AUSTIN (AP) — Gov. Rick Perry was set to announce Thursday efforts to identify Texas hospitals that are willing to take more patients out of backlogged Veterans Affairs facilities and to propose reimbursement through Medicare so providers are paid more quickly.
Several of the largest health systems in Texas — some of which already accept VA patients — have signed onto the idea, according to Perry aides. Perry's plans would require the federal government's approval.
The U.S. Senate on Wednesday passed a bill making it easier for veterans who have encountered delays getting initial visits to receive VA-paid treatment from local doctors instead. The House passed a similar measure Tuesday. Perry spokeswoman Lucy Nashed said Perry's proposal to the Veteran Affairs Department builds on those measures by identifying hospitals "willing to step up" and offering a solution to slow reimbursements for providers.
Federal data released this week showed that VA facilities in Texas have some of the longest wait times for veterans trying to see a doctor for the first time. The FBI has now launched an investigation into the Veteran Affairs Department amid allegations of falsified records and inappropriate scheduling practices.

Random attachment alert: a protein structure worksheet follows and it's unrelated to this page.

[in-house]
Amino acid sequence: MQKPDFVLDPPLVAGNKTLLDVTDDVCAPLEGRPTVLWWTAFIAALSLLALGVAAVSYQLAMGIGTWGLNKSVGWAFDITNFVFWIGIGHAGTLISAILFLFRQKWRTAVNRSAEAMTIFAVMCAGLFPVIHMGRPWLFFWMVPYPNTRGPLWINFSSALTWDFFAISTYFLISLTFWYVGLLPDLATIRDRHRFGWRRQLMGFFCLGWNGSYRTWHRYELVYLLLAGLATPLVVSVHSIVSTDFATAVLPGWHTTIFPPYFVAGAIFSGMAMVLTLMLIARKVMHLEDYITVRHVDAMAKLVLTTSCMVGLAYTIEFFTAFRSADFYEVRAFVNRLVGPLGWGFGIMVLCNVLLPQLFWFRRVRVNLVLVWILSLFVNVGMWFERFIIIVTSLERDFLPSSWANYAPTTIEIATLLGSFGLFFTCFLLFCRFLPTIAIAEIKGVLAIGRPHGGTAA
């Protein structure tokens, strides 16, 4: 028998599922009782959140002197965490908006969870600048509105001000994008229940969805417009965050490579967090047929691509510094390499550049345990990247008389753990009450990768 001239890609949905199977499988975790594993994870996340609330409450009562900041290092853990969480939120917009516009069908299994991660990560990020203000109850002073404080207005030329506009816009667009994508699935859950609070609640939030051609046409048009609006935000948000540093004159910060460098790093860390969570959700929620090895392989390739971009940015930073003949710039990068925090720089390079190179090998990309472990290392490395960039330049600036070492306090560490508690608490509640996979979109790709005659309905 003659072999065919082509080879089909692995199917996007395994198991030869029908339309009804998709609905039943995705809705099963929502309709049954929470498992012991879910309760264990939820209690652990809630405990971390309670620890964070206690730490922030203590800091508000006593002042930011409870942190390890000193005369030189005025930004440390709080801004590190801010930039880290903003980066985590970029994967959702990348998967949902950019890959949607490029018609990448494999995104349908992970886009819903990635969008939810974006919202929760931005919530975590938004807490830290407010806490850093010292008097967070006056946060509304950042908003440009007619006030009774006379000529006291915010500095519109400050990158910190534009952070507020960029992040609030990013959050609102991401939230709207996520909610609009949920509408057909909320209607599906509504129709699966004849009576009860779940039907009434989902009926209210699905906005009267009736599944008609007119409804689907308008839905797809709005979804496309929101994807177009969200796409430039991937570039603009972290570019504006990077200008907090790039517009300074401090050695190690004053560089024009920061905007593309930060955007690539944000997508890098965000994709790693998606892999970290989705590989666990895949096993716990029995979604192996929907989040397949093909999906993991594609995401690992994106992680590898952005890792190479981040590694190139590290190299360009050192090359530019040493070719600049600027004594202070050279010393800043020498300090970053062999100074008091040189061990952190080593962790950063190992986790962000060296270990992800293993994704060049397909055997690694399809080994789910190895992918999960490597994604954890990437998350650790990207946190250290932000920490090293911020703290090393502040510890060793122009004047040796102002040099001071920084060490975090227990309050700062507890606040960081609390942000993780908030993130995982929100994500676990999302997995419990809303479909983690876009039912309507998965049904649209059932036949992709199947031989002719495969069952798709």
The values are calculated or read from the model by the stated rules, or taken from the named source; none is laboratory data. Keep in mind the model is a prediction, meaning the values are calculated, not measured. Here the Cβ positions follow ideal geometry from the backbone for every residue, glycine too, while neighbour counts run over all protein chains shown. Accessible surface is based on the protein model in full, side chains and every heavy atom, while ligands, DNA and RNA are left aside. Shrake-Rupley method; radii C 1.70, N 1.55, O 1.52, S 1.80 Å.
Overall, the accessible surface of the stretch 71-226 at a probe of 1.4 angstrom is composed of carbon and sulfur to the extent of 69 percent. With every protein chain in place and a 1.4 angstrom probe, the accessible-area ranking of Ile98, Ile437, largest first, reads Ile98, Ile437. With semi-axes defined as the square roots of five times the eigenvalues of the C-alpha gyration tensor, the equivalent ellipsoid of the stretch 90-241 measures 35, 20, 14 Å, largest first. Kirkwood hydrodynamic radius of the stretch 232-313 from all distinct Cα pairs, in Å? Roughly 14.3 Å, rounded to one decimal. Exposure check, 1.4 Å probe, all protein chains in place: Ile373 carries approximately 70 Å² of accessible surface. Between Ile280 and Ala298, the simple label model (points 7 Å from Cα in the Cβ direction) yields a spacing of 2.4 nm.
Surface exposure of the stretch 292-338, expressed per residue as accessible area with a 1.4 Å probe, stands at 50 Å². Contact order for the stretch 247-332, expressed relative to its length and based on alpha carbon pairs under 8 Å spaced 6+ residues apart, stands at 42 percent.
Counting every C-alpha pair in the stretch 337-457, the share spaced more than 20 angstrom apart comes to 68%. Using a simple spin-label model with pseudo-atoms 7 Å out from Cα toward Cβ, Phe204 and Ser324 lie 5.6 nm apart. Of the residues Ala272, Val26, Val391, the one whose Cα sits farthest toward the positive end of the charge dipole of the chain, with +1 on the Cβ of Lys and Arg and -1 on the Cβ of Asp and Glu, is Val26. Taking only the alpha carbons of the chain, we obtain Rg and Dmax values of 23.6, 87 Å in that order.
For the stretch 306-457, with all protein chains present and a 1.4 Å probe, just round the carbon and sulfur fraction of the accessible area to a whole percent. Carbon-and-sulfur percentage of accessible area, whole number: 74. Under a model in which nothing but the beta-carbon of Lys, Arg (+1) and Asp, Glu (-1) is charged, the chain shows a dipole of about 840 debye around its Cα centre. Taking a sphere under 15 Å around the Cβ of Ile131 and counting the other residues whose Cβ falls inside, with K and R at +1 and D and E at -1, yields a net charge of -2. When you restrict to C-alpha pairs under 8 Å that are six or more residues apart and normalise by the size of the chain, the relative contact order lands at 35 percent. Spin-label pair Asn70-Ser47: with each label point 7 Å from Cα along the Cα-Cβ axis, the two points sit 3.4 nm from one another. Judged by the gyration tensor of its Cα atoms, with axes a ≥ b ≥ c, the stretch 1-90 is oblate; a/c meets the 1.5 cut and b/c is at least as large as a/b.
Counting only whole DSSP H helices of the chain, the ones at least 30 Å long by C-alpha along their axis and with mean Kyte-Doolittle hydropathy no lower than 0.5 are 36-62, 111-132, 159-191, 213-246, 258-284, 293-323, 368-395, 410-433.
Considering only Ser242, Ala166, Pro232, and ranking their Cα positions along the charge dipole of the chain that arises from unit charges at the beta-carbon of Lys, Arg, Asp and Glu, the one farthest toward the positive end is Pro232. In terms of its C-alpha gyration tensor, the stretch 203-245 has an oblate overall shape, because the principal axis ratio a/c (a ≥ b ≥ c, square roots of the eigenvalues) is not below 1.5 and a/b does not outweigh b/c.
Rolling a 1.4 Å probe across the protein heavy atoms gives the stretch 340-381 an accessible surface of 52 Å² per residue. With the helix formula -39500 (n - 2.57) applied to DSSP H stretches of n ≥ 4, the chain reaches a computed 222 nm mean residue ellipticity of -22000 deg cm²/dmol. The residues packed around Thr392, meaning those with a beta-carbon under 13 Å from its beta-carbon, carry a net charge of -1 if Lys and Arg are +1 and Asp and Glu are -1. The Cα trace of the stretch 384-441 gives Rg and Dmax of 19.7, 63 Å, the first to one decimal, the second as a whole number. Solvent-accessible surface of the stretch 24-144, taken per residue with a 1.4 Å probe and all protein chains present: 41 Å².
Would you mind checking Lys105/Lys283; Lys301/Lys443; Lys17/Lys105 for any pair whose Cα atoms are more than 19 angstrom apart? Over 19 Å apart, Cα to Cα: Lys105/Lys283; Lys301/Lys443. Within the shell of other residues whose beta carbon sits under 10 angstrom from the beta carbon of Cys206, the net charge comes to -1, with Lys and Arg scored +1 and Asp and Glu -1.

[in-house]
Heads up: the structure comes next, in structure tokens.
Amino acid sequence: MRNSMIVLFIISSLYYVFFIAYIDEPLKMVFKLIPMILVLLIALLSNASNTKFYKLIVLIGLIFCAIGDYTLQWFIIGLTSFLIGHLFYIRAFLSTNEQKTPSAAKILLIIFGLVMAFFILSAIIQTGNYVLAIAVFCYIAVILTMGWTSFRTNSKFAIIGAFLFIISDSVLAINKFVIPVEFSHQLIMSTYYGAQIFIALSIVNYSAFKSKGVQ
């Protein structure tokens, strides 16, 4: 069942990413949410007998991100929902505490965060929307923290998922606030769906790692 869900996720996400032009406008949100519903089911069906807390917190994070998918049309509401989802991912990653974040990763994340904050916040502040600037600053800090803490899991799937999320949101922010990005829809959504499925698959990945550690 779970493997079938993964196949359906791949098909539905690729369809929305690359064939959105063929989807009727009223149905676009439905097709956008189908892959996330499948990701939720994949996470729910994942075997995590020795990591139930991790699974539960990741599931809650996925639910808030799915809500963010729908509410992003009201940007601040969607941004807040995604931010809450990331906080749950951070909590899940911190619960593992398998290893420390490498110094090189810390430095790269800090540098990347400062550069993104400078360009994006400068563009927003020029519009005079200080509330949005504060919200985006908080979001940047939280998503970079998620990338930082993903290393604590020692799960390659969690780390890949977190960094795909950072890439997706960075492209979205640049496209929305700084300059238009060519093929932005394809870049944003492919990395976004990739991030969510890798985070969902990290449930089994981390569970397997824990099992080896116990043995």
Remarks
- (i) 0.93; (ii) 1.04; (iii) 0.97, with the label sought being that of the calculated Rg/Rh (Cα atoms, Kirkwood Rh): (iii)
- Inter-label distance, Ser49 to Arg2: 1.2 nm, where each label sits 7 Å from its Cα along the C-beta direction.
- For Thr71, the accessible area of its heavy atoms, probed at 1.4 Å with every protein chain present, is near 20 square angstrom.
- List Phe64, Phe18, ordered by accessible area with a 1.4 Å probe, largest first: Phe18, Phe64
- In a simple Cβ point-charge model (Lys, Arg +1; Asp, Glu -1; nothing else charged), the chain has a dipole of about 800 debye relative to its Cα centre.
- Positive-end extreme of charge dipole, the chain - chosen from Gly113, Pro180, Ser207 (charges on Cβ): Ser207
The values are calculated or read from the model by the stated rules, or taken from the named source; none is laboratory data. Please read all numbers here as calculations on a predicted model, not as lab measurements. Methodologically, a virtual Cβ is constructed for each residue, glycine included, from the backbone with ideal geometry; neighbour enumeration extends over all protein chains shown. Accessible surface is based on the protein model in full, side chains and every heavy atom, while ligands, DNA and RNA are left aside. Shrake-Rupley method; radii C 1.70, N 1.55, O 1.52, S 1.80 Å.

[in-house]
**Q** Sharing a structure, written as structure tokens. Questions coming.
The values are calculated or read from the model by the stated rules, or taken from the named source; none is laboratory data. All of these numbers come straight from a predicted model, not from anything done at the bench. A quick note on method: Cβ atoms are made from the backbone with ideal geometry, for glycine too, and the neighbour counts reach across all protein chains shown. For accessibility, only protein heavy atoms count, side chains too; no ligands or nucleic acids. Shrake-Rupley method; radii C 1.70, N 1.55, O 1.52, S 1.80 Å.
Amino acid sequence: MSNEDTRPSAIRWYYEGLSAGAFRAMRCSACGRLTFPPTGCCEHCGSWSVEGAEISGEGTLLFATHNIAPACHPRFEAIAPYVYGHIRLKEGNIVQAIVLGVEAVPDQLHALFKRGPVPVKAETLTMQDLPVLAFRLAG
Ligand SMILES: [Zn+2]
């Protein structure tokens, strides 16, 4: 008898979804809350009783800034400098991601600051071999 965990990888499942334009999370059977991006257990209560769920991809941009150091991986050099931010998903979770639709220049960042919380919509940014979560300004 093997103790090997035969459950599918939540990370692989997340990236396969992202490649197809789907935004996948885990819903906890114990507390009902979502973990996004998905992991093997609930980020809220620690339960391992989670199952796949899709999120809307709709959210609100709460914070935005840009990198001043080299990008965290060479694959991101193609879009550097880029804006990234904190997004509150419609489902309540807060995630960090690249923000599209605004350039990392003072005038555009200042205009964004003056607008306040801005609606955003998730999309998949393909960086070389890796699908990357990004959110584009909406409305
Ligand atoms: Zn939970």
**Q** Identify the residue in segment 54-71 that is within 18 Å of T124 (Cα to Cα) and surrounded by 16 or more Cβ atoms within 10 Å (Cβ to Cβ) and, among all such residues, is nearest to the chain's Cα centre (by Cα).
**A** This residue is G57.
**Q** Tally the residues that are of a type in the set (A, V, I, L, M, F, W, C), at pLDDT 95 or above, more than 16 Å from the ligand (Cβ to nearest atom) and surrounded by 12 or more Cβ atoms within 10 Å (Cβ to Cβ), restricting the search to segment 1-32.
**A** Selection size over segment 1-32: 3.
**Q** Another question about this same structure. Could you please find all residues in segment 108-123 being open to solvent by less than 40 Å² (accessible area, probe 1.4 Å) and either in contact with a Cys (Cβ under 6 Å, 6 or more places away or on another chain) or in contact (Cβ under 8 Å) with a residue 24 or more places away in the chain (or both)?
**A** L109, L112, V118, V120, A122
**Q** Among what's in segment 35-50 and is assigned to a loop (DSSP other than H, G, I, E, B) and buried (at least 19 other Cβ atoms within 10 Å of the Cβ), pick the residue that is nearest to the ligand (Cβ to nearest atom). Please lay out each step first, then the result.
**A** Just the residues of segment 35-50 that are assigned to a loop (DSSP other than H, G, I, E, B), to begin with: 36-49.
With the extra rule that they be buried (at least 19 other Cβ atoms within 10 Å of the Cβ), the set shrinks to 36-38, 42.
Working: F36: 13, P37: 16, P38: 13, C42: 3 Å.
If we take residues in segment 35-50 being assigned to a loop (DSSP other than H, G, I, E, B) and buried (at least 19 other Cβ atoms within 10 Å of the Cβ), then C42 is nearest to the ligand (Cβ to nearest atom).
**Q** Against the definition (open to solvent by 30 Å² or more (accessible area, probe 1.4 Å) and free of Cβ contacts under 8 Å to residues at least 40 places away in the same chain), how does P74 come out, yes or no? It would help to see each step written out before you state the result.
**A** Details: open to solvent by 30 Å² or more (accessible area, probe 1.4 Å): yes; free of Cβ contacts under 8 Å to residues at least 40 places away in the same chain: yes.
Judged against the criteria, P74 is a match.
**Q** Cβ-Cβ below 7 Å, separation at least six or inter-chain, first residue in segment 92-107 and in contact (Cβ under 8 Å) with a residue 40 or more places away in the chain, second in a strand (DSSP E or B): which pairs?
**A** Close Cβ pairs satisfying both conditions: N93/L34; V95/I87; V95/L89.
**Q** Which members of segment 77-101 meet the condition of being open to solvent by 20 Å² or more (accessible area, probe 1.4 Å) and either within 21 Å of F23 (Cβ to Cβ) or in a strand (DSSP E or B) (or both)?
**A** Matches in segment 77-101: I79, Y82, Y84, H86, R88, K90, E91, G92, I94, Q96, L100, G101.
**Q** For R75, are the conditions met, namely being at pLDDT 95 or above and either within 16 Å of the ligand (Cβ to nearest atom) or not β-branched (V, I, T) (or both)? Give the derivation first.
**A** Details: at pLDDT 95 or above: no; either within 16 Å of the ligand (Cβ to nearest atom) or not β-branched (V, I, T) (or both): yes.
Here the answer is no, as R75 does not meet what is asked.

The Associated Press received details of Perry's plans ahead of his planned announcement at Fort Hood, where he will attend a groundbreaking for a new medical facility specializing in mental health treatment.
"There is no greater charge than taking care of those who have served in our nation's Armed Forces, which is why we are working to offer alternatives for veterans who have found their federal options lacking, or worse, non-existent," Perry said.
Among providers that have bought into the plan proposed by Perry are Baylor Scott and White, Christus Health and hospitals and clinics operated by the University of North Texas and University of Texas systems, Nashed said.
Christus Health spokeswoman Abby McNeil said their system that operates more than 40 hospitals and facilities in Texas and beyond has difficulties getting reimbursed. Christus now has a backlog of 1,500 claims across Texas that are more than 30 days late in being paid, she said, adding that the system has sought help from Texas' congressional delegation.
Asked what would be different this time, McNeil said the recent problems at the VA have given state and federal leaders a new sense of urgency.
"I think it's something that's got a lot more focus right now and that we've seen worked on from lots of different levels," she said. "We've got everyone trying to figure out how to try and fix the problem."
Veterans aren't supposed to wait more than 14 days for an appointment, but a national audit this week stated that's "not attainable," given growing demand for VA services and poor planning.
Veterans in Texas dealing with long wait times for treatment were expected to testify Thursday before the state Senate Veteran Affairs and Military Installations Committee.